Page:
• 1891 – Nicola Sacco, Italian-American anarchist (d. 1927). Nicola Sacco (pronounced ; April 22, 1891 – August 23, 1927) and Bartolomeo Vanzetti (pronounced ; June 11, 1888 – August 23, 1927) were two Italian migrant anarchists who were controversially convicted of murdering a guard and a paymaster during the April 15, 1920, armed robbery of the Slater and Morrill Shoe Company in Braintree, Massachusetts, United States.
  • 1884 – Otto Rank, Austrian-American psychologist and academic (d. 1939), was an Austrian psychoanalyst, writer, and teacher. Born in Vienna, he was one of Sigmund Freud's closest colleagues for 20 years, a prolific writer on psychoanalytic themes, the editor of two eminent analytic journals of the era, the managing director of Freud's publishing house, and a creative theorist and therapist.
  • 1873 – Ellen Glasgow, American author (d. 1945), was an American novelist who won the Pulitzer Prize for the Novel in 1942. A lifelong Virginian who published 20 books including seven novels which sold well (five reaching best-seller lists) as well as gained critical acclaim, Glasgow portrayed the changing world of the contemporary South, differing from the idealistic escapism that characterized Southern literature after Reconstruction.
  • 1860 – Ada Rehan, Irish-American actress (d. 1916), was an American actress and comedian who typified the "personality" style of acting in the nineteenth century.
  • 1832 – Julius Sterling Morton, American journalist and politician, 3rd United States Secretary of Agriculture (d. 1902), was a Nebraska newspaper editor who served as President Grover Cleveland's Secretary of Agriculture. He was a prominent Bourbon Democrat, taking the conservative position on political, economic and social issues, and opposing agrarianism.

Deaths

  • 2017 – Erin Moran, American actress (b. 1960)
  • 2014 – Allen Jacobs, American football player and coach (b. 1941)
  • 2013 – Dave Gold, American businessman, founded 99 Cents Only Stores (b. 1932)
  • 2013 – George Stanley Gordon, American businessman (b. 1926)
  • 2013 – Richie Havens, American singer-songwriter and guitarist (b. 1941)
  • 2013 – Robert Suderburg, American pianist, composer, and conductor (b. 1936)
  • 2012 – Bill Granger, American author (b. 1941)
  • 2012 – Buzz Potamkin, American director and producer (b. 1945)
  • 2012 – George Rathmann, American chemist, biologist, and businessman (b. 1927)
  • 2011 – Hazel Dickens, American singer-songwriter, bassist and guitarist (b. 1935)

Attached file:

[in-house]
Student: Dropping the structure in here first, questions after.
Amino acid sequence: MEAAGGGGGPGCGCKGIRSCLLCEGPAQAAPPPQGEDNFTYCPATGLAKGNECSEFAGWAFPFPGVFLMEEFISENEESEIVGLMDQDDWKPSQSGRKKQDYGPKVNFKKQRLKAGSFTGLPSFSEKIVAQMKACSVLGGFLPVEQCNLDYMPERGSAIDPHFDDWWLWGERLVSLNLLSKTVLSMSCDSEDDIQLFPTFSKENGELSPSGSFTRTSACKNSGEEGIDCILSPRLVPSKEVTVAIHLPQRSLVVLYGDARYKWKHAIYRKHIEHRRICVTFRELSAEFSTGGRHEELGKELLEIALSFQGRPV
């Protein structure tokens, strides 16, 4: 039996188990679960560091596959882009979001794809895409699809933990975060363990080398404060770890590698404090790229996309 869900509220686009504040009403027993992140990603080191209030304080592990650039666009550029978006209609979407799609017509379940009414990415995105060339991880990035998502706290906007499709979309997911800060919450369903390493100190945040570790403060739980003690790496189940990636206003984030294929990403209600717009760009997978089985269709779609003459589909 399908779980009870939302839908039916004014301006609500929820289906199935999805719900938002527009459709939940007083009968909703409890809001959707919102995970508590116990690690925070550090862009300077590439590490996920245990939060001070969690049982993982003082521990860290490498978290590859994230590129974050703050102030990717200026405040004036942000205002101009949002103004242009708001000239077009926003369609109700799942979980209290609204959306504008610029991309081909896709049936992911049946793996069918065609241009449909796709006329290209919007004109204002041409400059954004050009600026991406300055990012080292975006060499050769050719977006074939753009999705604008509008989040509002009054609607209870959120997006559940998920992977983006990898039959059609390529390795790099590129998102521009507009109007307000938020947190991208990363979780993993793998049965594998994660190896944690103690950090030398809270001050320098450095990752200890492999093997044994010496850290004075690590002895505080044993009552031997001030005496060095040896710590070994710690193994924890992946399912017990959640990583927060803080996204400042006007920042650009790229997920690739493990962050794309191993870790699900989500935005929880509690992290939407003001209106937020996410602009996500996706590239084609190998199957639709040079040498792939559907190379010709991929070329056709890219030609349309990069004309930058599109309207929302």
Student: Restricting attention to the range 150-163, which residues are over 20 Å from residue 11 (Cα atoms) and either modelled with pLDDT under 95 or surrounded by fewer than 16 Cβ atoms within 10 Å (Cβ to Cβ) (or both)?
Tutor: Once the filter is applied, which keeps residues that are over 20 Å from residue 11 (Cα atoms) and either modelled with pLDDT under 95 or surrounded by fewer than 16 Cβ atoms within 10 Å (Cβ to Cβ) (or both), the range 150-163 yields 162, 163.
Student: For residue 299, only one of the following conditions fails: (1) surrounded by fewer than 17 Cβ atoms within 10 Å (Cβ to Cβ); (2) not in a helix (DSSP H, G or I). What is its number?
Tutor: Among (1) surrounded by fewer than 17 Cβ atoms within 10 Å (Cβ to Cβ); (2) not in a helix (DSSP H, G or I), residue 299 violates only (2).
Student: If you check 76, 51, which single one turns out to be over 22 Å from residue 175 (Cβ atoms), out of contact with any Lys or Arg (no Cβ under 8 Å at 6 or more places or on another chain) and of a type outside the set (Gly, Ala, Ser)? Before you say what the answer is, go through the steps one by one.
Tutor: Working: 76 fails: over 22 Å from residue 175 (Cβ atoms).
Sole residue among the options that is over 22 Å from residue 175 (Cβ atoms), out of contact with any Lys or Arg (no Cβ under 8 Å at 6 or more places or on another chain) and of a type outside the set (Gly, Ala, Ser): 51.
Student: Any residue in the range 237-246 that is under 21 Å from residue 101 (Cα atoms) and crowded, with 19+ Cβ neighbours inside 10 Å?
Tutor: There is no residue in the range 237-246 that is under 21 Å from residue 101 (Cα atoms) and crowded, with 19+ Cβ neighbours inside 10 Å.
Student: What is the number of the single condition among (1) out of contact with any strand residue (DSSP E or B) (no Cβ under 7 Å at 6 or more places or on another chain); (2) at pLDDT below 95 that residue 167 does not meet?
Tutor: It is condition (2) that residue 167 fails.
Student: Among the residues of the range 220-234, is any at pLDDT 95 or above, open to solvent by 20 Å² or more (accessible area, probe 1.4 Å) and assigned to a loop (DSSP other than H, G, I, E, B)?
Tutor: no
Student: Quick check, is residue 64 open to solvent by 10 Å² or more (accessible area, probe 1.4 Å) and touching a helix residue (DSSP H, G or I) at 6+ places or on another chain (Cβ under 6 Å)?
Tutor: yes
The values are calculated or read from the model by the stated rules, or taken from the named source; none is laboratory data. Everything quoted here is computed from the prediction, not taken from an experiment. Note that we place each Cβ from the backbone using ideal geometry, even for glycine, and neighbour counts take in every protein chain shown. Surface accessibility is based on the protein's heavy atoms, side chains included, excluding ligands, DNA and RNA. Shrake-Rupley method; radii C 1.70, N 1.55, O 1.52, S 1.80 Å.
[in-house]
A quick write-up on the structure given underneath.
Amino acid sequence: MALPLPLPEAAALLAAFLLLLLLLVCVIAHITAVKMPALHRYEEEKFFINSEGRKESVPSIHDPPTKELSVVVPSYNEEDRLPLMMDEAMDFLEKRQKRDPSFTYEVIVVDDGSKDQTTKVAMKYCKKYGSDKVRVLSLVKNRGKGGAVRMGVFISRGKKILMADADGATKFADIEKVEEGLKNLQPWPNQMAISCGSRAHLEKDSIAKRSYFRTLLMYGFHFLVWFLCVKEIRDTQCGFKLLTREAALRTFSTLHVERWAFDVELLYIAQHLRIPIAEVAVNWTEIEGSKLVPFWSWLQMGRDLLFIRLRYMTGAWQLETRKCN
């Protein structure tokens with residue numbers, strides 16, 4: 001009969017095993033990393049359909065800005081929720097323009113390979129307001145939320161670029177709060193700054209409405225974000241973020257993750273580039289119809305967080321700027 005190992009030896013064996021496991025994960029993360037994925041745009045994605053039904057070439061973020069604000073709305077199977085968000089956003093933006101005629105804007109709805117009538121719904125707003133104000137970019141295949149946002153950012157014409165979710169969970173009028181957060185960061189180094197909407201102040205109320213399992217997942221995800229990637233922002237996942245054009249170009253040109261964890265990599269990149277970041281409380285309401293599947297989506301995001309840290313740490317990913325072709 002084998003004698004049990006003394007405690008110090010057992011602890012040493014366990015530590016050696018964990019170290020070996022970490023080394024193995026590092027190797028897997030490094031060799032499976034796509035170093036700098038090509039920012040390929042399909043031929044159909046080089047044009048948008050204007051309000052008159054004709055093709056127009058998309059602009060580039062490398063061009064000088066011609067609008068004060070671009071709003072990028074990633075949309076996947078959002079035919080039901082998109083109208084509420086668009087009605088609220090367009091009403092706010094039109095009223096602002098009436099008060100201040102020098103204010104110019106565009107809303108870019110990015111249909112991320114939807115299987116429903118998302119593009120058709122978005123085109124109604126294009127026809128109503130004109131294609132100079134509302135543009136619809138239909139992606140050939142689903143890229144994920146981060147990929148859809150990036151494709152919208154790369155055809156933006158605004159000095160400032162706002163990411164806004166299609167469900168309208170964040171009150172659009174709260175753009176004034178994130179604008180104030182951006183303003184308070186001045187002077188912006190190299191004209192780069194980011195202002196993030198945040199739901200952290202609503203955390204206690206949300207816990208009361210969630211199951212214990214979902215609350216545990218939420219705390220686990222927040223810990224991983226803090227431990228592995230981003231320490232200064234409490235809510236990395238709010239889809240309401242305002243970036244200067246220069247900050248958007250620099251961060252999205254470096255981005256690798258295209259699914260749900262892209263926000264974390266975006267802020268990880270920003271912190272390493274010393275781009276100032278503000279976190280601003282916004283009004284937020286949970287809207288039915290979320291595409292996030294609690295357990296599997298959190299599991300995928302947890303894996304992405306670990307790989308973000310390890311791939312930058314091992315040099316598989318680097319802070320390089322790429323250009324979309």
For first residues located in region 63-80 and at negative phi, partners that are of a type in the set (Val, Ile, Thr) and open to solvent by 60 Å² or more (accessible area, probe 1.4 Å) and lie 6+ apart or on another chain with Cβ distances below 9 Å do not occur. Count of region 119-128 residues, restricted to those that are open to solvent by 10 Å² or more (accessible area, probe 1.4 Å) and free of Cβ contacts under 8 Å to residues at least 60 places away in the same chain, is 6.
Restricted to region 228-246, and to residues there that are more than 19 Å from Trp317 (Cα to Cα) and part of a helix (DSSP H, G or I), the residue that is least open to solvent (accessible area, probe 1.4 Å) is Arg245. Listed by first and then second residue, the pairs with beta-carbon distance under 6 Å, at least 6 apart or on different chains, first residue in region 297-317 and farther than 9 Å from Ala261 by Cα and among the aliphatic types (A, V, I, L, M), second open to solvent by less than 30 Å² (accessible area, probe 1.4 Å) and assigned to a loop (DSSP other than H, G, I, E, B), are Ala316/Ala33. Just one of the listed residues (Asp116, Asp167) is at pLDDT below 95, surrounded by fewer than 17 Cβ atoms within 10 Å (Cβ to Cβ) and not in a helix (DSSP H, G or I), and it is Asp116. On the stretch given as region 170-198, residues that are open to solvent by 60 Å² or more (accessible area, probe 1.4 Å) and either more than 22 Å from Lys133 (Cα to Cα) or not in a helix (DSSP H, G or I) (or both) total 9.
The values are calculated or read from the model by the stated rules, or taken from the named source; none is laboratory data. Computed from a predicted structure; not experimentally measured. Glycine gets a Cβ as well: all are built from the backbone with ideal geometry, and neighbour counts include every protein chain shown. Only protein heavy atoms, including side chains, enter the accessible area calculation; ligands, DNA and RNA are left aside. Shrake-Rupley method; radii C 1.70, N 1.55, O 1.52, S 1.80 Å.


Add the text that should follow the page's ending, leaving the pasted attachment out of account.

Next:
• 2010 – Richard Barrett, American lawyer and activist (b. 1943)
  • 2008 – Cameron Argetsinger, American race car driver and lawyer (b. 1921)
  • 2007 – Juanita Millender-McDonald, American educator and politician (b. 1938)
  • 2006 – Henriette Avram, American computer scientist and academic (b. 1919)
  • 2005 – Philip Morrison, American physicist and academic (b. 1915)
  • 2004 – Jason Dunham, American soldier, Medal of Honor recipient (b. 1981)
  • 2004 – Pat Tillman, American football player and soldier (b. 1976)
  • 2003 – Felice Bryant, American songwriter (b. 1925)
  • 2003 – James H. Critchfield, American CIA officer (b. 1917)
  • 2003 – Martha Griffiths, American lawyer, judge, and politician, 58th Lieutenant Governor of Michigan (b. 1912)
  • 2003 – Mike Larrabee, American runner (b. 1933)
  • 1996 – Erma Bombeck, American journalist and author (b. 1927)
  • 1996 – Jug McSpaden, American golfer and architect (b. 1908)
  • 1995 – Jane Kenyon, American poet and author (b. 1947)
  • 1994 – Richard Nixon, American lieutenant, lawyer, and politician, 37th President of the United States (b. 1913)
  • 1990 – Albert Salmi, American actor (b. 1928)
  • 1989 – Emilio G. Segrè, Italian-American physicist and academic, Nobel Prize laureate (b. 1905)
  • 1988 – Irene Rich, American actress (b. 1891)
  • 1985 – Paul Hugh Emmett, American chemist and academic (b. 1900)
  • 1984 – Ansel Adams, American photographer and environmentalist (b. 1902)
  • 1983 – Earl Hines, American pianist and bandleader (b. 1903)
  • 1980 – Jane Froman, American actress and singer (b. 1907)
  • 1978 – Will Geer, American actor (b. 1902)
  • 1968 – Stephen H. Sholes, American record producer (b. 1911)
  • 1956 – Walt Faulkner, American racing driver (b. 1918)
  • 1950 – Charles Hamilton Houston, American lawyer and academic (b. 1895)
  • 1949 – Charles Middleton, American actor (b. 1874)
  • 1946 – Harlan F. Stone, American lawyer and jurist, 12th Chief Justice of the United States (b. 1872)
  • 1946 – Lionel Atwill, English-American actor (b. 1885)
  • 1933 – Henry Royce, English engineer and businessman, co-founded Rolls-Royce Limited (b. 1863)
  • 1896 – Thomas Meik, English engineer, founded Halcrow Group (b. 1812)
  • 1877 – James P. Kirkwood, Scottish-American engineer (b. 1807)